Does AL MVP race have an easy answer?


Another day provided another chance to see what the likely leaders in the American League Most Valuable Player race were up to. Miguel Cabrera homered. Chris Davis homered. And Mike Trout, the guy you’d prefer to pick if you were starting your team tomorrow with a blank slate because he might be doing even more at the plate than either of them, even if his news item for the day involved a bad hammy.

If you want to be a reductionist and use WAR and WAR alone, this year’s MVP race might seem much like last year's: Trout narrowly leads, and Miggy’s behind him. Trout’s team won’t be playing in October, while Miggy’s team almost certainly will be. Davis hitting more home runs than anyone else on the planet adds a small variation on a theme that you might remember from last year, when Trout vs. the Triple Crown was resolved to little satisfaction with Cabrera crowned MVP. So we’re already prepped with an argument in which we might all think we already know the talking points, skipping ahead to use this as an excuse to rail about the BBWAA’s purported fogeydom to launch another debate on the state of statistical knowledge inside the game and out.

Except that’s not really the case here, because this year as opposed to last, the conversation should focus on offense, and whatever your flavor of metric there, the results so far produce a fairly simple answer: Miguel Cabrera should win (again), but for much stronger reasons this time around.

Just offense? There must be distinctions to be drawn because of their defensive responsibilities, right? Well, sort of, but one of the problems with reaching for WAR as a sorting tool in an argument like this is that the utility of any defensive metric is a wee bit more speculative than the offensive portion of the program. It’s informed, it’s better than ever … and it’s still not as solid and precise as what we know about offensive value.

So sure, we can point out that Miguel Cabrera isn’t a good defensive third baseman. So what? Cabrera’s positional flexibility allowed the Tigers to sign Prince Fielder in the first place, and lining up behind the best strikeout staff in the league (with the Tigers whiffing almost 23 percent of all opposing batters), Cabrera’s limitations at a position that sees just 2.5 plays per game doesn’t come close to what he provides daily at bat.

In contrast, Chris Davis is reputed to be an excellent first baseman. Nevertheless, he doesn’t get much love from Baseball Info Solutions’ Defensive Runs Saved or Total Zone (and first base is one of the half-dozen positions UZR doesn’t do so well with), so what do you do with that? You judge him on his bat, because he plays an offense-first position.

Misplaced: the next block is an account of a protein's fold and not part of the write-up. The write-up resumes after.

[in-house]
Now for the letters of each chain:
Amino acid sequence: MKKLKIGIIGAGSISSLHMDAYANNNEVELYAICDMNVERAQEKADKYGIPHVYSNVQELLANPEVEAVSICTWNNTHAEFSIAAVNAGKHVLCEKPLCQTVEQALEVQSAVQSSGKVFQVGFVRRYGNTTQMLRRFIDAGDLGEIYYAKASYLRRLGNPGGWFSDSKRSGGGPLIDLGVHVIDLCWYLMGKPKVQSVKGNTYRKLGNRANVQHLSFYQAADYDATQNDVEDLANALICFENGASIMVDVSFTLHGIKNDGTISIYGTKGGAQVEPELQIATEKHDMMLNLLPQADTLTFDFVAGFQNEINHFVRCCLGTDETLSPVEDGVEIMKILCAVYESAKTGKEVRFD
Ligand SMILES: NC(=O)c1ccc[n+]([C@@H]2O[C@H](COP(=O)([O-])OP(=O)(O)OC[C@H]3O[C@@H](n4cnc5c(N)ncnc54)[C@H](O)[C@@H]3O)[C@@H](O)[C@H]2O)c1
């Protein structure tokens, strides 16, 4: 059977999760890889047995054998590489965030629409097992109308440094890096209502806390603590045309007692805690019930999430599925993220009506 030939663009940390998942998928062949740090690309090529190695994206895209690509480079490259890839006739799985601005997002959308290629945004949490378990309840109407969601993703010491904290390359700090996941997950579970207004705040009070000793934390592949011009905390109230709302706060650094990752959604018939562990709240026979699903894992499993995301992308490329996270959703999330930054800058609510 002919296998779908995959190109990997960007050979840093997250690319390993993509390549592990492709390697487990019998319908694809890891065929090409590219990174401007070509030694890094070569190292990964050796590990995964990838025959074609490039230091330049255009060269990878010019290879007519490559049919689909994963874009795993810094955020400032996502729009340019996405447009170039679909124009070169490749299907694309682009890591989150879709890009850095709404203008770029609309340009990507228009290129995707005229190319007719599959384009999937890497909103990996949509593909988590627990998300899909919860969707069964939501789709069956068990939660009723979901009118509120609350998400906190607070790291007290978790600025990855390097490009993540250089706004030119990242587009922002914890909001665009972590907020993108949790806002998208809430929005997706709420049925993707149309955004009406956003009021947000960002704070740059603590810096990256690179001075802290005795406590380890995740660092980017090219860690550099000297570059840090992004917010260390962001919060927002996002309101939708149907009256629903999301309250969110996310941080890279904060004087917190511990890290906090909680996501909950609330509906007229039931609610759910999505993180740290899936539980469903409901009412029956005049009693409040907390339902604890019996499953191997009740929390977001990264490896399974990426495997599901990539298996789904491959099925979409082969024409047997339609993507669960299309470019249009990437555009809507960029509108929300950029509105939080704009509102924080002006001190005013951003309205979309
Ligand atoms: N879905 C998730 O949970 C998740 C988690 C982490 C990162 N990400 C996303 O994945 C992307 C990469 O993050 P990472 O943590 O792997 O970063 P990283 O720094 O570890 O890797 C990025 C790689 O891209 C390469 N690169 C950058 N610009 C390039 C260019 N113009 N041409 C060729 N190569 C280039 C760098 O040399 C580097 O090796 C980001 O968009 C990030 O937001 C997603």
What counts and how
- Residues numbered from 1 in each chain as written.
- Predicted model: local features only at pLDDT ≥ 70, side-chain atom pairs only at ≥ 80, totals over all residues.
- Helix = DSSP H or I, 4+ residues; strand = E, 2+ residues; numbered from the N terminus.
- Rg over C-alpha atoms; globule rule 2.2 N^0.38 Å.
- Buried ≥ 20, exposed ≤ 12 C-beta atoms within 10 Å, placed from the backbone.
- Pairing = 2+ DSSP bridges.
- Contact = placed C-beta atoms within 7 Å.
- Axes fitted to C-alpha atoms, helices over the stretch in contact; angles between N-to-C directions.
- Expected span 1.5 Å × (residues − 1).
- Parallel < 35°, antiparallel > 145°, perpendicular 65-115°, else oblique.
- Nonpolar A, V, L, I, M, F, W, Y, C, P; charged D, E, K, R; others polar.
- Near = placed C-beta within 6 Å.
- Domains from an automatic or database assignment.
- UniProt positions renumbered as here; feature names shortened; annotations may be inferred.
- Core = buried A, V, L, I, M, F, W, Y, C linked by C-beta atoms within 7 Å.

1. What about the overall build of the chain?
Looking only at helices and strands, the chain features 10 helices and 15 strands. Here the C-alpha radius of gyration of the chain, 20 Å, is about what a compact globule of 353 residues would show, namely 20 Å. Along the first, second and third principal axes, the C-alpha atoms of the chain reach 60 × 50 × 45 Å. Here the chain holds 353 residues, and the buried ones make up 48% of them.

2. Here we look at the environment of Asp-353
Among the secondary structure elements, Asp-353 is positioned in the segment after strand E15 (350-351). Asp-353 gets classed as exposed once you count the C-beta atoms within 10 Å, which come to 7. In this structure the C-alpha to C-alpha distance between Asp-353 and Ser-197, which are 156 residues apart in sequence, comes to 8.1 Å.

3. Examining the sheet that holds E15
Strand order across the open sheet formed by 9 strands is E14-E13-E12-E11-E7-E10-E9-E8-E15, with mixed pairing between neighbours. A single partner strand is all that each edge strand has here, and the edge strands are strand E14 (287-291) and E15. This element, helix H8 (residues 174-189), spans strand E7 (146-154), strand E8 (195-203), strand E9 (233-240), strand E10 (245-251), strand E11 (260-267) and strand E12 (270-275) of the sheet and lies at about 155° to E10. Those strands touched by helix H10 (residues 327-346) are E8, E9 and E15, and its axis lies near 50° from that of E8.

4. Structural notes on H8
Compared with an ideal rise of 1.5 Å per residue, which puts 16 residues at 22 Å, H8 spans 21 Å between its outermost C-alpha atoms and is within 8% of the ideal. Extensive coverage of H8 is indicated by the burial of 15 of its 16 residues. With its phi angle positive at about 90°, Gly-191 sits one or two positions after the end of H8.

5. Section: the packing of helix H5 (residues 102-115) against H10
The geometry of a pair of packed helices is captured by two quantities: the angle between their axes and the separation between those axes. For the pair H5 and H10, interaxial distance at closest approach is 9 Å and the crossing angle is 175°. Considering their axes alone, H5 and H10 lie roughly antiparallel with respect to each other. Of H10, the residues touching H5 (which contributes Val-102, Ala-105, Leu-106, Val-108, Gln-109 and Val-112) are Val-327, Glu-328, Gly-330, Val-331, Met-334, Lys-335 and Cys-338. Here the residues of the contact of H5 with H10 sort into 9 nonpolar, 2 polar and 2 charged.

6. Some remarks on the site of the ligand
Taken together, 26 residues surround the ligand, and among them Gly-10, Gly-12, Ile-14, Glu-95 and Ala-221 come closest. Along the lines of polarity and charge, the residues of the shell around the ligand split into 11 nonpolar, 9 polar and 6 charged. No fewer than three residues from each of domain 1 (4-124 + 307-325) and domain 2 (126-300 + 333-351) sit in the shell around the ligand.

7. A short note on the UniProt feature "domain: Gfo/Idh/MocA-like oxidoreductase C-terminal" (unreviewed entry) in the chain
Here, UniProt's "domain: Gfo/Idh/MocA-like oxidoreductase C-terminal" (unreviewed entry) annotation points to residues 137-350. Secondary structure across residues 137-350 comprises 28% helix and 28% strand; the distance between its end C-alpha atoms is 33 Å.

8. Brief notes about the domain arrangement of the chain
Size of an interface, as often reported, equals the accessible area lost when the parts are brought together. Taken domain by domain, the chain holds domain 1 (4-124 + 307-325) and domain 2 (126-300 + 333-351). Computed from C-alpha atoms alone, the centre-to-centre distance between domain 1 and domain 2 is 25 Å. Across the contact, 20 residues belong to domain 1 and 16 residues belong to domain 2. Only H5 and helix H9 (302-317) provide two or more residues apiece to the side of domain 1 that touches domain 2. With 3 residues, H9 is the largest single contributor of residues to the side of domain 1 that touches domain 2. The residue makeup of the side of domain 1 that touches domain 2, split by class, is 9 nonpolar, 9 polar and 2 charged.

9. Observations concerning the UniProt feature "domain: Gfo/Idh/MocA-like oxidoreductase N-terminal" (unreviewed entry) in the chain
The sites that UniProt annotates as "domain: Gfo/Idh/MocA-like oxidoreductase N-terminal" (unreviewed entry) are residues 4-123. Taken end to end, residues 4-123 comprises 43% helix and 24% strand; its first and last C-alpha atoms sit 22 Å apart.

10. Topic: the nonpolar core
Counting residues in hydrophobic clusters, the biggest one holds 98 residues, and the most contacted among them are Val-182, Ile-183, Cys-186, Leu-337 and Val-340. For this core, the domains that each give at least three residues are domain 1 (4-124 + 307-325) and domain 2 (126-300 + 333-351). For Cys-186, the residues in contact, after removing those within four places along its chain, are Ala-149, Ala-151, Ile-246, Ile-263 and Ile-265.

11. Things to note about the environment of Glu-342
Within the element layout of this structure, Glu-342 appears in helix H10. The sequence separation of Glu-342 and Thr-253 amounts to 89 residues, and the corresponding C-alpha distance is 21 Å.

And Mike Trout? Well, playing about a third of the time in left and two-thirds of it in center this year muddies the picture, but using Total Zone or Defensive Runs Saved, you find the Angels’ left fielders rank around league-average, and their center fielders rank around average in Total Zone to boot. BIS’ Defensive Runs paints a much more bleak picture of their center fielders’ glove work, ranking them as one of the four teams getting bad defense from their CFs, but still less than a win’s worth of total impact on their year. That’s if you take their numbers at face value, instead of allowing for them as educated suggestions.

So face it: Defense isn’t really a significant component of any of their MVP cases. None of them play an up-the-middle infield position or catcher, where they would have to handle the ball more often than anyone else. So why not just chuck that part of the conversation altogether, because it obscures why we’re talking about the three of them in the first place: offense. And there, whether you like old-fangled stats or new, things get much more interesting and fun to talk about.

Trout: Second in batting average and OBP, fourth in slugging, third in OPS. Tied for fifth in steals. First in offense-only WAR -- which cares about your peers at your position(s). Second in Baseball Prospectus’ true average (TAv), third in FanGraphs’ weighted on-base average (wOBA). Second in runs created.

Cabrera: Leads in batting average, OBP, slugging percentage, OPS and total bases. Second in home runs. Second in offense-only WAR. First in true average, wOBA and runs created.

Davis: Seventh in OBP, second in slugging and OPS. Leads baseball in home runs. Third in offense-only WAR, second in wOBA, third in true average and runs created.

From that, if you focus on what they’ve done with a bat in their hands it seems to me that it’s pretty obviously Miggy’s race to win with less than a quarter of the season to go. For the purpose of this conversation, Davis’ homers don’t overcome the bigger pile of stuff that Cabrera and Trout do. Miggy has homers, Trout has steals, and the former is much more valuable than the latter. Trout’s lone real bragging rights over Miggy this year is offense-only WAR, and there the margin is so slender (Trout was at 8.2 oWAR to Miggy’s 8.0 through Saturday) that it’s functionally identical.

So, we’re done here, right? As if. Let the arguments rage, because isn’t that a big part of the fun in the first place?

Christina Kahrl covers baseball for ESPN.com. You can follow her on Twitter.